The project, funded by two of Yang's National Science Foundation grants, involved UC Davis, Davis Senior High School and the Center for Land-Based learning. Among them were 107 high school students and a K-12 teacher, 18 UC Davis undergraduate students, three graduate students and two post-graduate researchers.
Unfortunately, a City of Davis maintenance crew unintentionally mowed the site on May 5, 2017, “damaging several plants in this population," Yang related. "However, most plants in the population were below the height of the mower blades at this point in the growing season.”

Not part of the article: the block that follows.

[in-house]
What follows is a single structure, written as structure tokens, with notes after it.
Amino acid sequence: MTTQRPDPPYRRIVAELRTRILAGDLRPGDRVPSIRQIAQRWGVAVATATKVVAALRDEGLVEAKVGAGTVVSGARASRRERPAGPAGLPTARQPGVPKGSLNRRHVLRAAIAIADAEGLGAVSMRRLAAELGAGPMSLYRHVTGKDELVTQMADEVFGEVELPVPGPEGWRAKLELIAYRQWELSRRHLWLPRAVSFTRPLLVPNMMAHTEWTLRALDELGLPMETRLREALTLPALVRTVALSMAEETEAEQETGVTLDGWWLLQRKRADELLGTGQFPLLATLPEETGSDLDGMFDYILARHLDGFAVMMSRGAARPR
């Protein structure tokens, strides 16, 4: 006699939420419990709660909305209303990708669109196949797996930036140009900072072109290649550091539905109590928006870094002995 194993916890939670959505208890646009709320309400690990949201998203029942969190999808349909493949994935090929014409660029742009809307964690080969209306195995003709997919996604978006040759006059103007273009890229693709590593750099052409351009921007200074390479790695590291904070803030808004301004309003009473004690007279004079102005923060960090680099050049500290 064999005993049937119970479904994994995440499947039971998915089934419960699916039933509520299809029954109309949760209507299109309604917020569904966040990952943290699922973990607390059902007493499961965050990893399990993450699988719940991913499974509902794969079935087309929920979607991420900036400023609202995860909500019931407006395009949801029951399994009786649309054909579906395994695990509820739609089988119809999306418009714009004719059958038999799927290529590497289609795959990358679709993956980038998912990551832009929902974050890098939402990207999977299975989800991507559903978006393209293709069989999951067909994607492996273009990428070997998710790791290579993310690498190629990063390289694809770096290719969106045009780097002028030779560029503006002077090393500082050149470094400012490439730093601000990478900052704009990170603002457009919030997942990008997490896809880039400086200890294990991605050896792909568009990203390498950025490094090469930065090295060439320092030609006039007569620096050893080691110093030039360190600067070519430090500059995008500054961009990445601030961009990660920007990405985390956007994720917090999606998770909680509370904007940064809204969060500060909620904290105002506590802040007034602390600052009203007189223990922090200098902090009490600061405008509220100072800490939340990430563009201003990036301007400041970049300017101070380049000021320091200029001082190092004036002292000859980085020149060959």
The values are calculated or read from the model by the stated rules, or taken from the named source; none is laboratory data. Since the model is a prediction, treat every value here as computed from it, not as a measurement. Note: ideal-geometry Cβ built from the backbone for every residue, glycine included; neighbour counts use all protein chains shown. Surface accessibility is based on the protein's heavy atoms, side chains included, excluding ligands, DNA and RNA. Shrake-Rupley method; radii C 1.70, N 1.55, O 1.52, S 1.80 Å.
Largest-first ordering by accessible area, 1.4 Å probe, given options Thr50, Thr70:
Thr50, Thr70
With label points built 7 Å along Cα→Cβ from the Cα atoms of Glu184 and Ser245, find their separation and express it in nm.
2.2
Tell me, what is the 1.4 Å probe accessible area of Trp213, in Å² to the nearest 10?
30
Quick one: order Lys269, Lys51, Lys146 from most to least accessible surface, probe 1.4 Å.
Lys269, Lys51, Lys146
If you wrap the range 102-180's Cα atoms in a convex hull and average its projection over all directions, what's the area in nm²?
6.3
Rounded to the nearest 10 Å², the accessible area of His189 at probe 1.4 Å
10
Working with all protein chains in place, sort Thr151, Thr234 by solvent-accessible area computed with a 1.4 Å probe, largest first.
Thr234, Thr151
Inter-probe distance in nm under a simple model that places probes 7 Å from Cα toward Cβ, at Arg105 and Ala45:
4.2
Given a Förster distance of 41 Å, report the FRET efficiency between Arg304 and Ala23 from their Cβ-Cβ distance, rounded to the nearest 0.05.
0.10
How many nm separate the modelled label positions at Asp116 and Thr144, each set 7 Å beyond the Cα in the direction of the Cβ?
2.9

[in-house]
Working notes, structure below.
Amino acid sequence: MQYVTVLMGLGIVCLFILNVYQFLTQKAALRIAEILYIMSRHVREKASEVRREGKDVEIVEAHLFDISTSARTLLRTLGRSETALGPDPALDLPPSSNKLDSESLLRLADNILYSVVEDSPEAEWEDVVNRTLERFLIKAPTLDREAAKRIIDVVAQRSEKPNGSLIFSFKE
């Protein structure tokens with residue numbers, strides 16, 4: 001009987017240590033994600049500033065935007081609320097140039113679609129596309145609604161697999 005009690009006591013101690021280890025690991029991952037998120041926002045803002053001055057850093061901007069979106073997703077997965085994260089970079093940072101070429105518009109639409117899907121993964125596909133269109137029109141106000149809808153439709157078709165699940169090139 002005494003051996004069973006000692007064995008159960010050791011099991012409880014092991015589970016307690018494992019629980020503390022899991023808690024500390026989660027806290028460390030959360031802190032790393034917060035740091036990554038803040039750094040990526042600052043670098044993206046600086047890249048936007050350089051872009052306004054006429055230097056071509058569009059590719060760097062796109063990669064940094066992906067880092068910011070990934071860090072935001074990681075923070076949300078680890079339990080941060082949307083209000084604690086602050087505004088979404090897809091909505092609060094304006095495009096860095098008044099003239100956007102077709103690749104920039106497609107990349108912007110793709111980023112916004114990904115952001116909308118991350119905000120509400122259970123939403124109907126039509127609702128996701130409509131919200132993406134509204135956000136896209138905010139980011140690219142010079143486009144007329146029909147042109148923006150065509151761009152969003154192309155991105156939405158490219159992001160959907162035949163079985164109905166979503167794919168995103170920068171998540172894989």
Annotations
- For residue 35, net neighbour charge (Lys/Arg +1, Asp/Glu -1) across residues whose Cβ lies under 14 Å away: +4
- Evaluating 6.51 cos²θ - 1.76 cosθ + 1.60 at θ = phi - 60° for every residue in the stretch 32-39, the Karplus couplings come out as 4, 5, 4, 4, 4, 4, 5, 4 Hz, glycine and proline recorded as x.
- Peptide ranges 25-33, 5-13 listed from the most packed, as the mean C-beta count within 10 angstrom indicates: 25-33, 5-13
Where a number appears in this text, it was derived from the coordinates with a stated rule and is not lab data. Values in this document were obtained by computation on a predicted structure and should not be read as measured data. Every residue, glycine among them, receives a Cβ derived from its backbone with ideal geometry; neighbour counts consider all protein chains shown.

Today the milkweed population at the North Davis Channel is being maintained by the City of Davis and dedicated citizens, including Larry Snyder.
From music to milkweed to monarchs...it's been quite a journey.
The work of Professor Yang's MMMILC crew fascinated him, and the site became his "adopted back yard." At first, Snyder just watched, then he began photographing "the insect life on the plants." At the end of the project's official monitoring period, he "secured the cooperation of city staff" so he could continue maintaining the milkweeds without the loss of spring growth to the annual fire-suppression mowings.
Snyder says he "especially enjoys watching insect behavior and interaction, both within and between species and in relation to the host plants, as well as tracking how individual populations change during the seasons and from year to year."
"I am most grateful to the Bohart Museum and the frequent assistance of their remarkable staff and associates," Snyder said.